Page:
4) Finally, though I could go on and on, is the user interface. We have had over 40 years of HCI expertise built up in the software industry. We are all use to using quite sophisticated user interfaces on line and in our applications. So why are we, as museums, asked to pay tens of thousands of dollars, or its currency equivalents, and almost that much again each year, for a user interface that, frankly, I could have pulled out of my arm-pit in the 1980s?
Tens of thousands of dollars for what? An embarrassing user interface to an out-of-date application that hasn't even realized that the rest of the world is well into Web 2.0 and moving towards the Cloud? No thank you. I have been building CMSs for small to medium museums for over 30 years. They are easy, they are simple, and they can do a huge amount more than you imagined. More than that, they are very cheap and easy to implement and manage. You can go out tomorrow, buy yourself a copy of FileMaker Pro 10 Advanced, give it to your 11 year old son or daughter and let them build you a powerful, sophisticated, user friendly and web-savey CMS over the weekend. If that is too easy for you, join one of the two open-source CMS projects that are now approaching completion (CollectionSpace or CollectiveAccess).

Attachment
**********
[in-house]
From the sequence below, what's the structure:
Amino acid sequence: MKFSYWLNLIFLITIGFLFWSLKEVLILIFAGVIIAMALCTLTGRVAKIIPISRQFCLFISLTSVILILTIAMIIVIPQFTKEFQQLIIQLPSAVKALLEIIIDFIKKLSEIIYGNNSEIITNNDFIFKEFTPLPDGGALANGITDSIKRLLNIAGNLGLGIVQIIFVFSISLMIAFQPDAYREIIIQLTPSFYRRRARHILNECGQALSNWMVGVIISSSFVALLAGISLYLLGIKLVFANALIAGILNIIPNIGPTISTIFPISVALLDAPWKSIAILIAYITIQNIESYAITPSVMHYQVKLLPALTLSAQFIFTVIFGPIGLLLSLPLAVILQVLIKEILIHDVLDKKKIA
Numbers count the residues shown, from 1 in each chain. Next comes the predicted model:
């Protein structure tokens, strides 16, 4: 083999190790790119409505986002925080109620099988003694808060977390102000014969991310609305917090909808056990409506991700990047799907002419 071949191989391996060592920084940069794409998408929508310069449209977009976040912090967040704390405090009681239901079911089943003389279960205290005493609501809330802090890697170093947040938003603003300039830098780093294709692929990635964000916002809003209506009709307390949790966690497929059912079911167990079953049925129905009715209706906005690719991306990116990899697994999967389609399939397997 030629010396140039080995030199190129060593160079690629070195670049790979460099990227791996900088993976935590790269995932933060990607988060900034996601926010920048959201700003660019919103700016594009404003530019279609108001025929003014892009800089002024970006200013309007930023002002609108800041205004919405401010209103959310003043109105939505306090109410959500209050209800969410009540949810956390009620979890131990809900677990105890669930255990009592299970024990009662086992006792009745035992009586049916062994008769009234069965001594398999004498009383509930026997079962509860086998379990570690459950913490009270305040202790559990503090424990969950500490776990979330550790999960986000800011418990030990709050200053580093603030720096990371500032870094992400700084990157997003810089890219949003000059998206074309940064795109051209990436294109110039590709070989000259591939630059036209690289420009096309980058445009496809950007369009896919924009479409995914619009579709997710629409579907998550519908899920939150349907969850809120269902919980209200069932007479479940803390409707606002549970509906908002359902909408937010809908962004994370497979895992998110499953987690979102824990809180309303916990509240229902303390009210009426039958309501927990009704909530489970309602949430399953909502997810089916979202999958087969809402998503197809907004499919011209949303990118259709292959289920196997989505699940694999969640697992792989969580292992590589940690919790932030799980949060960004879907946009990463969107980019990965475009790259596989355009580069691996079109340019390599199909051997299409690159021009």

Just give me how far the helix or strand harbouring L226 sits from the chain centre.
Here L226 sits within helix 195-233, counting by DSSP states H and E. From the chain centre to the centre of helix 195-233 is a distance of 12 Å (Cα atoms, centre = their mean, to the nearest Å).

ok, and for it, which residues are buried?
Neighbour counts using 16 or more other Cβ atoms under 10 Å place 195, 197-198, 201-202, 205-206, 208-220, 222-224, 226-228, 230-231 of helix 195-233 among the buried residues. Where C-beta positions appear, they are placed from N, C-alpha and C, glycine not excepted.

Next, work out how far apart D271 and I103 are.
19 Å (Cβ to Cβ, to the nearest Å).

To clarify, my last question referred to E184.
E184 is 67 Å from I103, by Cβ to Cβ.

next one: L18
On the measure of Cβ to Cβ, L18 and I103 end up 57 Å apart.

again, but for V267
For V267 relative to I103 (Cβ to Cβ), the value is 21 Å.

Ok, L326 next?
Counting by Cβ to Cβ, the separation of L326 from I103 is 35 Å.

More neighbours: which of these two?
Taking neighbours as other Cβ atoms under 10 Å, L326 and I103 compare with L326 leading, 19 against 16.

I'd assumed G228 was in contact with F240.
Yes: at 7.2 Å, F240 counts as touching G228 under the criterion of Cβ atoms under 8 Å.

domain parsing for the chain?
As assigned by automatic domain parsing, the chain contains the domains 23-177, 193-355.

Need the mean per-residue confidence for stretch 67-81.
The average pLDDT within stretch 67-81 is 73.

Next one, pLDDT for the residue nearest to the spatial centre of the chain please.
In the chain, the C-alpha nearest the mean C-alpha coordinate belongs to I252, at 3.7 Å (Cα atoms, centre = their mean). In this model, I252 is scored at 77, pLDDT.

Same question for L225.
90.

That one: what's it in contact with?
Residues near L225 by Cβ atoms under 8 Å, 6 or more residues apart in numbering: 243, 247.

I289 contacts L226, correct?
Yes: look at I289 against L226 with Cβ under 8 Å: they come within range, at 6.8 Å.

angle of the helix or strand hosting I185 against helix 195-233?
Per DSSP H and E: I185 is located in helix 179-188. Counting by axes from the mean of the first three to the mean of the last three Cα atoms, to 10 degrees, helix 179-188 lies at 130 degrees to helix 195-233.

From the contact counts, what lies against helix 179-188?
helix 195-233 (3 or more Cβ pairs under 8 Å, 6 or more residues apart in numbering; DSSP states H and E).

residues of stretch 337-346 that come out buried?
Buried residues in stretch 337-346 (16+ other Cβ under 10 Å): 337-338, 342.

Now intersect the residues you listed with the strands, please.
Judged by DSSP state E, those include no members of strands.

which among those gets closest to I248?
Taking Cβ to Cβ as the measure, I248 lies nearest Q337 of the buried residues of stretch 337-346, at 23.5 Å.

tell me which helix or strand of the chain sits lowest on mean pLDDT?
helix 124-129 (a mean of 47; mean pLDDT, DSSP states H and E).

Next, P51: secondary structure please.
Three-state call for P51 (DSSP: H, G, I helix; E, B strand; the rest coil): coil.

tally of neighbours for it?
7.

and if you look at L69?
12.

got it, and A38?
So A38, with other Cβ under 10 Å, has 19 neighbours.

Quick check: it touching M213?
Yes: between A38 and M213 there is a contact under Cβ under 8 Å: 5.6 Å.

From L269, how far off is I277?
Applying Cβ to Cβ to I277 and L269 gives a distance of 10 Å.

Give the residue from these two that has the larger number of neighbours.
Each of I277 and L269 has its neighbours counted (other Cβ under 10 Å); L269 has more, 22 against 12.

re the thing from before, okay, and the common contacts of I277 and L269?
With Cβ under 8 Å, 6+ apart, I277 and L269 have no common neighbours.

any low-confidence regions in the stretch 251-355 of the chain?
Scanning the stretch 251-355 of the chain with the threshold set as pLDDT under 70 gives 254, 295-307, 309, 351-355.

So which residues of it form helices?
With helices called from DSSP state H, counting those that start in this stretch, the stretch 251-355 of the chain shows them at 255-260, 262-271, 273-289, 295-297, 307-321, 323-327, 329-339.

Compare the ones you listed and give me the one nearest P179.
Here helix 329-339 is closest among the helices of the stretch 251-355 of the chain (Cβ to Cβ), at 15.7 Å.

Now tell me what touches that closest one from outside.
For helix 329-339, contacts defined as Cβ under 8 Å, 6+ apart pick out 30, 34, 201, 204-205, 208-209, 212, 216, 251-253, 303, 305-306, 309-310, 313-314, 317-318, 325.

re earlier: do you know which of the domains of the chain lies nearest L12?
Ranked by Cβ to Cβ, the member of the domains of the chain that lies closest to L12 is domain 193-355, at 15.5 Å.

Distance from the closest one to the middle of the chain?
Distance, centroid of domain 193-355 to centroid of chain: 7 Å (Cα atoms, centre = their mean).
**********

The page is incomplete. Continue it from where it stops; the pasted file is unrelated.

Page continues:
I am calling on the museum workers of the world, "Cast off the shackles of exploitation." "Unite around the simple, the usable, the effective, and the cost-effective." "Free our documentation so that it can serve our audiences." It is not a dream, it can be done.